The Court of Cassation (ruling no. 24062 of 12.10.2017) held that even a simple advertising spot can amount to a work protected by copyright and as such be protected.
The advertising slogan that is the subject of ruling was indeed quite original. It was the image of a person whose head had a series of objects sticking out of it, hence the motto «Want to do it your way? DIY is for you».
The ruling deals with two issues, both significant with regard to the delicate topic of relationships between the client and the author of a work of art.
The point concerns in fact the protection that can be granted to this type of message and seems to share what was already held by the Court of Appeal, i.e. that the message could be fully protected.
The Court does not enter into the merits of the actual ruling on this point as this assessment is left to the judges of merit, but it states that the challenged ruling has no grounds for contradiction and that the Court refers to the principle that
«creativity and originality exist even when the work is composed of simple ideas and notions, included in the intellectual heritage of people having experience in the subject matter of the work itself, provided that they are formulated and organized in a personal and autonomous way compared to the previous ones».
Therefore, the above requirements appear to be present in the case-in-point.
Another significant aspect concerns the relationships between the client and the advertising agency.
In this case the advertising message had been commissioned to an agency that had created it and had received a fee for its work.
The parties, however, had not enterered into any contract that specified the rights ensuing therefrom, even if in a quote it was added that the advertising spot could also be used for other advertising media.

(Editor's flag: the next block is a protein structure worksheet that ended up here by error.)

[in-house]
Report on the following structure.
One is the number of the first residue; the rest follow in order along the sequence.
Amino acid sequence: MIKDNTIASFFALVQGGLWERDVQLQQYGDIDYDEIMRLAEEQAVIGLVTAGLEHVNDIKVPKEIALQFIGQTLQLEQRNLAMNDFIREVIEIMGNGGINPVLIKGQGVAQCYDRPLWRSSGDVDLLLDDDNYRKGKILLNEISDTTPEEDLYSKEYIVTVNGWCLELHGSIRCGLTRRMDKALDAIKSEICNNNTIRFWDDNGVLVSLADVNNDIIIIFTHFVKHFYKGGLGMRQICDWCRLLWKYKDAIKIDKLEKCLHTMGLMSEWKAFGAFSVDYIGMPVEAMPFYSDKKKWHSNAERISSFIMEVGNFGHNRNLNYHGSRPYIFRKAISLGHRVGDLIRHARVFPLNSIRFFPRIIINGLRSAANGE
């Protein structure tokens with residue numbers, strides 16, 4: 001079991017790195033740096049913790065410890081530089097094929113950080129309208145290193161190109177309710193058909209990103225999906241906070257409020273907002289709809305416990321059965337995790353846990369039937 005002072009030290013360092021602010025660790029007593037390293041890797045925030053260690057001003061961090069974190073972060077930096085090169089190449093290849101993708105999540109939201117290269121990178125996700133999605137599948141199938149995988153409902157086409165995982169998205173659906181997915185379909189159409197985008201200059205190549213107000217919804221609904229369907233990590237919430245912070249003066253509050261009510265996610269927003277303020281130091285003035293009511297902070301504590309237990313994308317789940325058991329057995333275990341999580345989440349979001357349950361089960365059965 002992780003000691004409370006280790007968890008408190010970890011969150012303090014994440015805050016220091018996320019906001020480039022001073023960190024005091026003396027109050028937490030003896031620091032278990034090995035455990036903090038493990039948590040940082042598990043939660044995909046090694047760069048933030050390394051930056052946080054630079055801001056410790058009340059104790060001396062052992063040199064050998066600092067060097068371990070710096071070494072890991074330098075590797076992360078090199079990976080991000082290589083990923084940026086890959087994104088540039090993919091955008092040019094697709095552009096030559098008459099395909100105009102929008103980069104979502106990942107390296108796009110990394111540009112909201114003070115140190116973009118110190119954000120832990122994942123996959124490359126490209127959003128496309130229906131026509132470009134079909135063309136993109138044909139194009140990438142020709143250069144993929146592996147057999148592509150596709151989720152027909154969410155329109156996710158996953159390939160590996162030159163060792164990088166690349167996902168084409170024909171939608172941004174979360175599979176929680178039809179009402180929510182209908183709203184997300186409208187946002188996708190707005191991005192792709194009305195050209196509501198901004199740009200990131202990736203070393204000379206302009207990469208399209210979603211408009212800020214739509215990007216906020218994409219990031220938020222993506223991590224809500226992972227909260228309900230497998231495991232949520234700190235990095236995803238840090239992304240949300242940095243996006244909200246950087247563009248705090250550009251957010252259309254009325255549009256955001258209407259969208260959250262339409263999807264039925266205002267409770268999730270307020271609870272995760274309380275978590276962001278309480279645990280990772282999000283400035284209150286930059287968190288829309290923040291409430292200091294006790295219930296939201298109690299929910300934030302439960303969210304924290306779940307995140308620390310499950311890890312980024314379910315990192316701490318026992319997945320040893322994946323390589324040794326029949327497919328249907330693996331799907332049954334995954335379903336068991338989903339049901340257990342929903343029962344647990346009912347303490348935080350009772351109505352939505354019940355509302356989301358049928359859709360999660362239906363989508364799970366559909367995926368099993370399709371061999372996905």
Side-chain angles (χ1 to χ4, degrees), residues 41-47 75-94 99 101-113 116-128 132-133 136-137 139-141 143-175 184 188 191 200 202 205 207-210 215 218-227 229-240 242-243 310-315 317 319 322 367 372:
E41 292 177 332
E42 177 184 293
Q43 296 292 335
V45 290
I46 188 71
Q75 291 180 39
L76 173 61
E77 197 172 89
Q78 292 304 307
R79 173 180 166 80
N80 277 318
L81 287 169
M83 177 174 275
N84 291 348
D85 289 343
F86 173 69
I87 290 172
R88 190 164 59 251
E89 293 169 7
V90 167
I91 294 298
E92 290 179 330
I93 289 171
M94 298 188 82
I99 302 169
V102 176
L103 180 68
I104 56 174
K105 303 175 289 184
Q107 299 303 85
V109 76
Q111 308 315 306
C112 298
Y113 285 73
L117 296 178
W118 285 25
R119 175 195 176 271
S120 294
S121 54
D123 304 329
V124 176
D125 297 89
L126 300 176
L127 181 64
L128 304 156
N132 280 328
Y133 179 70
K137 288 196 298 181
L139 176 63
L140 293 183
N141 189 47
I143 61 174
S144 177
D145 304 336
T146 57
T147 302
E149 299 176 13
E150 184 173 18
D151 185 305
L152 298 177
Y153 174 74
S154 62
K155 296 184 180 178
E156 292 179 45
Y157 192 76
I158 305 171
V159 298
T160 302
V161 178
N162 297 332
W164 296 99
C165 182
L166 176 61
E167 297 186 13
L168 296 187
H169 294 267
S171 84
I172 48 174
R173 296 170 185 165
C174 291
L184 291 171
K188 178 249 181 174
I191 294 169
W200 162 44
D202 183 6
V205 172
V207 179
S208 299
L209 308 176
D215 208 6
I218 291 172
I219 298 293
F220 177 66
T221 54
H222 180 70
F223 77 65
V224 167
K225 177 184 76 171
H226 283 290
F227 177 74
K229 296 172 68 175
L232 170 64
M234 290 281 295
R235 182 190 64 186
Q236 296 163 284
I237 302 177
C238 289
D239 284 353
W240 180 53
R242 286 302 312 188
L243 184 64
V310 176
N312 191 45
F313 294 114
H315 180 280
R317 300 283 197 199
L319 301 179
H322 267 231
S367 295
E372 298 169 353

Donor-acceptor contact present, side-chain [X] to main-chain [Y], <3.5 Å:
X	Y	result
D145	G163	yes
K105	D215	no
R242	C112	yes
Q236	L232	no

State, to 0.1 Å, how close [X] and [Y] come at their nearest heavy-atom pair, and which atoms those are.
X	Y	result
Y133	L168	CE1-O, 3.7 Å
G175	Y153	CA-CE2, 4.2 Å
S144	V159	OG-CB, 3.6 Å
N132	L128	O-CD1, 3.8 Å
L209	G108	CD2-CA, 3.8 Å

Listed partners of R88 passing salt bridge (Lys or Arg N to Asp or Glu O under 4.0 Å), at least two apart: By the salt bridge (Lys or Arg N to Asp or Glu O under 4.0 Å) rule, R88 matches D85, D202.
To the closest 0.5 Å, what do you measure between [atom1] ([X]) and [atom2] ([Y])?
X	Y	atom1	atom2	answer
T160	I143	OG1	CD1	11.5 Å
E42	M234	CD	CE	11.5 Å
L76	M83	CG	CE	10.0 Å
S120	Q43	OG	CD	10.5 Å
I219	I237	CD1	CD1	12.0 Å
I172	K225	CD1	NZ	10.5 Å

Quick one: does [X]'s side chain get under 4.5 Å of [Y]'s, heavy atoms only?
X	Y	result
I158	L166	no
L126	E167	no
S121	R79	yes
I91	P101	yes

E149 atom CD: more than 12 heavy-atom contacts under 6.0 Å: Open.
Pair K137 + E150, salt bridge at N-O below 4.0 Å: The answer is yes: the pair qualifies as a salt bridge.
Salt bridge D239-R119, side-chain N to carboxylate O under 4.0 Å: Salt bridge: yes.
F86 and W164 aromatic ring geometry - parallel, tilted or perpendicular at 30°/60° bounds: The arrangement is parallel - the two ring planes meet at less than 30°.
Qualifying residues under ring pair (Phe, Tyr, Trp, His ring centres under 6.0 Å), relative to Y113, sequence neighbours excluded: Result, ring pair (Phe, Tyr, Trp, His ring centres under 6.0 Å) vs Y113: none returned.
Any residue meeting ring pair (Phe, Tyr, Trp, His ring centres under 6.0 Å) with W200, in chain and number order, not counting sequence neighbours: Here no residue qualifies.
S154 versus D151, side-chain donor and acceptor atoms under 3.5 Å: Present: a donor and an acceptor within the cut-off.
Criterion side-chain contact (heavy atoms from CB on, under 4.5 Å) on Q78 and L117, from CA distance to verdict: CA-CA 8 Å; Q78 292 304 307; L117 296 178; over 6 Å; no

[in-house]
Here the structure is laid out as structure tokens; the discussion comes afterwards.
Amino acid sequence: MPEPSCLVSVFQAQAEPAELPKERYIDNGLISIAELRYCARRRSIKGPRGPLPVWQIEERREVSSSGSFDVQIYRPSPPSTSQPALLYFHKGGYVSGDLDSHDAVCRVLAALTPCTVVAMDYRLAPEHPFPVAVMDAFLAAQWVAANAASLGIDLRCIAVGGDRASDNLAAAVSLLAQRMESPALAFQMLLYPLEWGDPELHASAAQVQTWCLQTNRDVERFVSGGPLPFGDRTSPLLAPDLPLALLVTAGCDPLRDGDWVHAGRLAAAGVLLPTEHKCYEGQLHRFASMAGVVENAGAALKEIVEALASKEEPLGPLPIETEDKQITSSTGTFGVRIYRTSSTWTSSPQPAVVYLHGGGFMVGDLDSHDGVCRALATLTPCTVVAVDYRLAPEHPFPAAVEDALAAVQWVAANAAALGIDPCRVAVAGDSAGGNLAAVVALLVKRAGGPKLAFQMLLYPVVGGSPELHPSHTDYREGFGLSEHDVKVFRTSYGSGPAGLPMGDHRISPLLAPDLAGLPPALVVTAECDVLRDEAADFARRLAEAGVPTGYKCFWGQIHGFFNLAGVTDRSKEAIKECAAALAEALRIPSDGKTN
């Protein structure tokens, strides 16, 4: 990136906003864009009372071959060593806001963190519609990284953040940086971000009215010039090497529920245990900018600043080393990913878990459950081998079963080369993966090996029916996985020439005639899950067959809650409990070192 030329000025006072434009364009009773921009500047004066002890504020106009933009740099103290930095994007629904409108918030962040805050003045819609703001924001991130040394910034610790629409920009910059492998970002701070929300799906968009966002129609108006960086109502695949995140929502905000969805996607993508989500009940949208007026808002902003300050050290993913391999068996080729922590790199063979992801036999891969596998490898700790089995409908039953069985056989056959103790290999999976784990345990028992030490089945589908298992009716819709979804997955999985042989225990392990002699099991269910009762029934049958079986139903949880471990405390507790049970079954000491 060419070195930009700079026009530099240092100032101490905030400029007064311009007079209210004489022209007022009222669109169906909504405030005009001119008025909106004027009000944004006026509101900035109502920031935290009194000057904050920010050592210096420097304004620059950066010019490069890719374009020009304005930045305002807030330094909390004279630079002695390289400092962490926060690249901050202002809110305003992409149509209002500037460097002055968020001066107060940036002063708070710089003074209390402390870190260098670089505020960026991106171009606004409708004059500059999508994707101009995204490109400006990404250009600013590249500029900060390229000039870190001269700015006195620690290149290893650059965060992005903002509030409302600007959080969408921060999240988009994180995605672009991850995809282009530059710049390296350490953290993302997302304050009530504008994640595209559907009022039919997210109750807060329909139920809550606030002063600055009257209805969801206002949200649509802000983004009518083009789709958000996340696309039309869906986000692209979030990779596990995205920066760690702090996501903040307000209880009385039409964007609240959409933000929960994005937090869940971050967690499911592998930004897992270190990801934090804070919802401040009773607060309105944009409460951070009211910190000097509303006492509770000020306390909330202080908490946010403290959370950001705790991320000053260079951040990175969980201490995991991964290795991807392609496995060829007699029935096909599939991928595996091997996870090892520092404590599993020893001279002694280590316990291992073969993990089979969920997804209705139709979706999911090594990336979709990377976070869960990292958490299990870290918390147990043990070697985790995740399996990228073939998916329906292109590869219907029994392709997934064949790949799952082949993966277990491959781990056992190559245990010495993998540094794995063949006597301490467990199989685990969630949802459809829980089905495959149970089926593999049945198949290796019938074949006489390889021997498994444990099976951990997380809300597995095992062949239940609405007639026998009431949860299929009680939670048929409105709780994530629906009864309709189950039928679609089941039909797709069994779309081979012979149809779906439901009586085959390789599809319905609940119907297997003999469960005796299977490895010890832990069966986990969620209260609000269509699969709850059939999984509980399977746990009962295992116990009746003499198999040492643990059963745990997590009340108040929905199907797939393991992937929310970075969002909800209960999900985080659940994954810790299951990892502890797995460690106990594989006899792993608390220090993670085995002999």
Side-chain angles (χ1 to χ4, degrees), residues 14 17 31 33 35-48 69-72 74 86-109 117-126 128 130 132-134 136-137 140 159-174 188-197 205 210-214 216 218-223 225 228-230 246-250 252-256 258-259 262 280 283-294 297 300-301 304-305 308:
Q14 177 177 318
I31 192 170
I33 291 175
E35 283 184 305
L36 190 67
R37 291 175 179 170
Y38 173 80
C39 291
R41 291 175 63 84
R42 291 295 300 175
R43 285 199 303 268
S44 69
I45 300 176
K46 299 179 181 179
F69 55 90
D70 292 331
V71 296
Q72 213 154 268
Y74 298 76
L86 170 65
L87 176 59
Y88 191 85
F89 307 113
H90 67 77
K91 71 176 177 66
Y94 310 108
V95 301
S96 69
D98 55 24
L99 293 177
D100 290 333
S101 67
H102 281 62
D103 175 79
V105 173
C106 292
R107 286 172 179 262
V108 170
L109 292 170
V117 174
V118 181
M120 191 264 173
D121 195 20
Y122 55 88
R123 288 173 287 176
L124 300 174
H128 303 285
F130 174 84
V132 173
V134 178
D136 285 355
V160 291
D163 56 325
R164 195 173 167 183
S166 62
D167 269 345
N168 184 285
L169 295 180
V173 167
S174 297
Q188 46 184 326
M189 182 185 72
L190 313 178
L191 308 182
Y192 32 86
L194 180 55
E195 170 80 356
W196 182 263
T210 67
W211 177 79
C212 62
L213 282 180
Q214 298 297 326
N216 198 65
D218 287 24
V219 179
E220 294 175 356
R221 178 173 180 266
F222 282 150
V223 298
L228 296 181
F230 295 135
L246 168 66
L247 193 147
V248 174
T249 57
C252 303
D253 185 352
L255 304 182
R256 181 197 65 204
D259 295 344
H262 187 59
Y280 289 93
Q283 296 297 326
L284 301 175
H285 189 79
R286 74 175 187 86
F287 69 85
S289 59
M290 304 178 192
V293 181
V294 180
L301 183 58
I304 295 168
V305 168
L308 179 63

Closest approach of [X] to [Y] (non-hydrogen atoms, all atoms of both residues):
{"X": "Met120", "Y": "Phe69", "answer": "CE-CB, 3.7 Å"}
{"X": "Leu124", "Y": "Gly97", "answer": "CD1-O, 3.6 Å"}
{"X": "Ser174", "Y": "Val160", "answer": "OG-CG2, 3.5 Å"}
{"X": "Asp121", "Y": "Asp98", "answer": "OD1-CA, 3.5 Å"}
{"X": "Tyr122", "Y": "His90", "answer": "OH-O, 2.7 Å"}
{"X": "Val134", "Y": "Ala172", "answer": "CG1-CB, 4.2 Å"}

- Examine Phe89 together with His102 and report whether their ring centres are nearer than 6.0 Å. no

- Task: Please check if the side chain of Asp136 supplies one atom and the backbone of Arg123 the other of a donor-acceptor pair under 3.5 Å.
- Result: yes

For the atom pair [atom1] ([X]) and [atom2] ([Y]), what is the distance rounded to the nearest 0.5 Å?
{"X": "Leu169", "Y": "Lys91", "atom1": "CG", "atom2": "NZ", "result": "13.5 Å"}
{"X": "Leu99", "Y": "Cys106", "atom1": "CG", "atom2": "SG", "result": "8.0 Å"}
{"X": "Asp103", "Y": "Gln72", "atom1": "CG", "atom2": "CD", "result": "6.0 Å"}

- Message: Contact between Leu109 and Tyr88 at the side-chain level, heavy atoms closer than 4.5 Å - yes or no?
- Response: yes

On the basis of the aforesaid estimate, the client believed he was fully entitled to use the advertising spot produced under the contract for further and different purposes than those originally envisaged.
On this point the Court of Cassation was instead adamant in denying this possibility. The Court, in fact, ruled that the transfer should have been expressly agreed and remunerated, besides being noted in a written deed pursuant to art. 110 L.A.:
«Suffice it to note, in this respect, that the Territorial Court remarked that the documents of the case-file showed that no fee had been agreed upon for the transfer, by PAC, of the right to exploit the creative idea, once the agency relationship terminated and that, therefore, the envisaged fees remunerated the professional activity provided by PAC without waving any of its rights to the object of its creation; it is further added that the transfer of a copyright must be in writing and, in this case, the assignment of the copyright was not in writing.»
Once again, the ruling underlines the importance of drawing up written agreements with advertising agencies, but also with graphic designers and all creative people so as to clarify from the very start the subjects entitled to the rights associated with the work created, even if executed as part of a works contract.